“I feel one can say with some conviction that no man should willingly leave his home to fight, wound, maim or kill other men about whom he knows little and whom he certainly does not hate. When all men refuse to commit such follies the foundations of a true civilisation will have only just started to be laid.”
- Sam Sutcliffe, circa 1974 (extracted from his Memoir)
Sunday, 20 December 2015
It’s Christmas!!!! And for the lads who’ve just evacuated Suvla Bay, it’s all go: Sam sails away to fetch the mail, and has a great time with brother Ted on the 25th, but then encounters the horror of the poor Arabs in “the hole”…
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A hundred years ago this week… while the weather, rather than the festivities, slowed the war on Western and Eastern Fronts deadly action proceeded – at Hartmanswillerkopf where the French Army attacked and took 1300 German prisoners, then got beaten back again (December 21-2, Vosges), at De Panne where German planes bombed the King and Queen of Belgium’s home from home (20, Flanders), on the River Strypa where the Russian and German Armies fought fiercely (24, Ukraine) and in Bukovina where the Russians assailed the Austrian Army (27, then Moldavia, now Ukraine/Romania).
On Greece’s northern border where French and British forces intended to hold a line after the German/Austrian/Bulgarian conquest of Serbia, 120,000 Bulgarian soldiers gathered (22) – while the Italians who had taken Durazzo on the Albanian coast provided a diversion for the Allies.
Much further south, the extraordinarily widespread Russian Army continued gnawing at western Persia, occupying Kum (20) and Kangavar (25), while in neighbouring Mesopotamia Ottoman forces attacked the besieged British garrison at Kut on the Tigris (23 and Christmas Day), and down on Lake Tanganyika two British Navy motor boats, the cutely named Mimi and Toutou, captured German gunboat Kingani (December 26 – and maybe just a little something to do with The African Queen, which will again get a couple of outings on British TV this Christmas week).
Meanwhile, in Gallipoli the Allied troops in the Cape Helles sector remained in place. But, further east, after three months getting nowhere at Suvla Bay, the remnants of the 2/1st City Of London Battalion, Royal Fusiliers, including my father, Lance Corporal Signaller Sam Sutcliffe from Edmonton, north London (still under-age at 17), had at last evacuated – on the night of December 18-19 – and encamped on the Greek Island of Lemnos, hub for the British Mediterranean forces. After all that, it was Christmas…
Last week, Sam and the 200 remaining from the 1000-man Battalion which sailed from Egypt in September, experienced the joy and relief of escape from that terrible campaign, then the wretched dejection of defeat. But Sam’s spirits were lifted by a surprise reunion with his older brother and fellow Fusilier Ted (19 by then) whom he’d last seen on the docks at Alexandria being led off their troopship because the medics said he couldn’t serve in Gallipoli without his front teeth – which had been knocked out in a fight with another soldier.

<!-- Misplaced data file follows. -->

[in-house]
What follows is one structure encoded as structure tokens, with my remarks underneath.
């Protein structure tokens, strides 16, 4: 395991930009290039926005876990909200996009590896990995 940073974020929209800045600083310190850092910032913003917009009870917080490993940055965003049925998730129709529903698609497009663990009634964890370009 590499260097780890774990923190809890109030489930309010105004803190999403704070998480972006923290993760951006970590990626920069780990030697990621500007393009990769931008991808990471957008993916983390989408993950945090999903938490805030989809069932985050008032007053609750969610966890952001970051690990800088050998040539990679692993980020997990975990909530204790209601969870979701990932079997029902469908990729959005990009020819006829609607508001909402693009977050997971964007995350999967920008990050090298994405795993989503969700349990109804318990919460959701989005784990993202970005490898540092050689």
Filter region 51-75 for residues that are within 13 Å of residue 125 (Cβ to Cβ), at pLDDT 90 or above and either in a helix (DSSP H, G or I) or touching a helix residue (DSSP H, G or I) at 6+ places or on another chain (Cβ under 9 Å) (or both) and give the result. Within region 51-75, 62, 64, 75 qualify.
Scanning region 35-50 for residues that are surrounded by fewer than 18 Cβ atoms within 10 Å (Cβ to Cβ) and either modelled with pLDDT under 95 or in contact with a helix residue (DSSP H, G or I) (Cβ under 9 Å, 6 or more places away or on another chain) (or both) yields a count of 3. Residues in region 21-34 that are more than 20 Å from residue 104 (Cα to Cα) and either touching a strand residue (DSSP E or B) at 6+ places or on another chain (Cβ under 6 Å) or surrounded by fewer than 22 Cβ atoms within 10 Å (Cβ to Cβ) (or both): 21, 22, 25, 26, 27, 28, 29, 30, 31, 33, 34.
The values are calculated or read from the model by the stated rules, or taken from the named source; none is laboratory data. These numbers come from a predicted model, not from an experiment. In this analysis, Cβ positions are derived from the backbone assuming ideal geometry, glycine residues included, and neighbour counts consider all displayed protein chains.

And now, it seemed, though the boys were far from home, they could prepare for at least a peaceful Christmas. Picking up from their arrival at the huge encampment on Lemnos, Sam writes:
‘Next morning, Drake, a fellow Signals Lance Jack, and I were told to go searching for missing communications, so to speak. In fact, we were to board a steam pinnace – lent by the commander of a battleship – go round to the east side of the island and search for mail dumped there; it had been allowed to accumulate while we were on active service because transport to deliver it had not been available. In charge of the trim, little vessel was a midshipman, a lad of about my age, quite pretty with his pink cheeks, his immaculate uniform, but a fine young officer. He had a rating for crew.
Off we puffed round the coast after leaving the big harbour. East Mudros* had a useful jetty and, going ashore, Drake and I found piles of full, canvas mailbags — a quantity commensurate to the full Battalion of a few months back. We began carrying them back to the pinnace and stacking them on the deck. By the time we’d loaded up there was little to be seen of the boat but her funnel. Not a word of complaint came from the young officer, though. The cherubic smile, the acceptance of things as they were, inspired me, given that almost all my companions of late had been depressed by the pervading feeling of material poverty and defeat.
Happy in the knowledge that we were accomplishing a really useful mission, to avoid rolling overboard Drake and I crawled over the sacks, seeking places with handholds. I spotted a sort of handle near the top of the funnel, clambered up and held on there. Drake jammed himself close to the small superstructure which housed the steering wheel, the rating, and the midshipman. I had my doubts that they could see where they were going, but of course they managed fine.
Just as we cast off, someone came running towards the landing stage, waving. It was Jackson, the man whose spectacles had been damaged one dark night on machine-gun hill**. Before we passed out of hearing, he yelled that he had temporary glasses he could just about see with, and he was awaiting shipment to Egypt. His rosy face was all smiles and his wife and children could surely hope to see Daddy before long.
Back in Mudros, Drake and I did no unloading, for an eager party of helpers awaited delivery of the first mail many of them had seen for some months. We two got down to eating a meal thoughtfully saved for the two heroes of the moment.
By candlelight, we all read late into the night, each concerned with his own news and feelings. Ted and I had a couple of parcels each from our parents, letters too. He also had some small packages from girlfriends. Among many nice things, our parents had sent photographs of our family taken in the back garden. Our baby sister*** was standing there, now able to do so without help. Our young brother looked bonny, the older sister all smiles, the ever solemn dad still solemn, while mother wore her usual rather stern expression.
It was good to have this reassuring picture, visible proof that life at home had not greatly changed. Father’s letters, written in his impeccable hand, gave us a clear picture of the national scene as he understood it, and Ma’s gave us news of family and local happenings. All was well there, and that was great.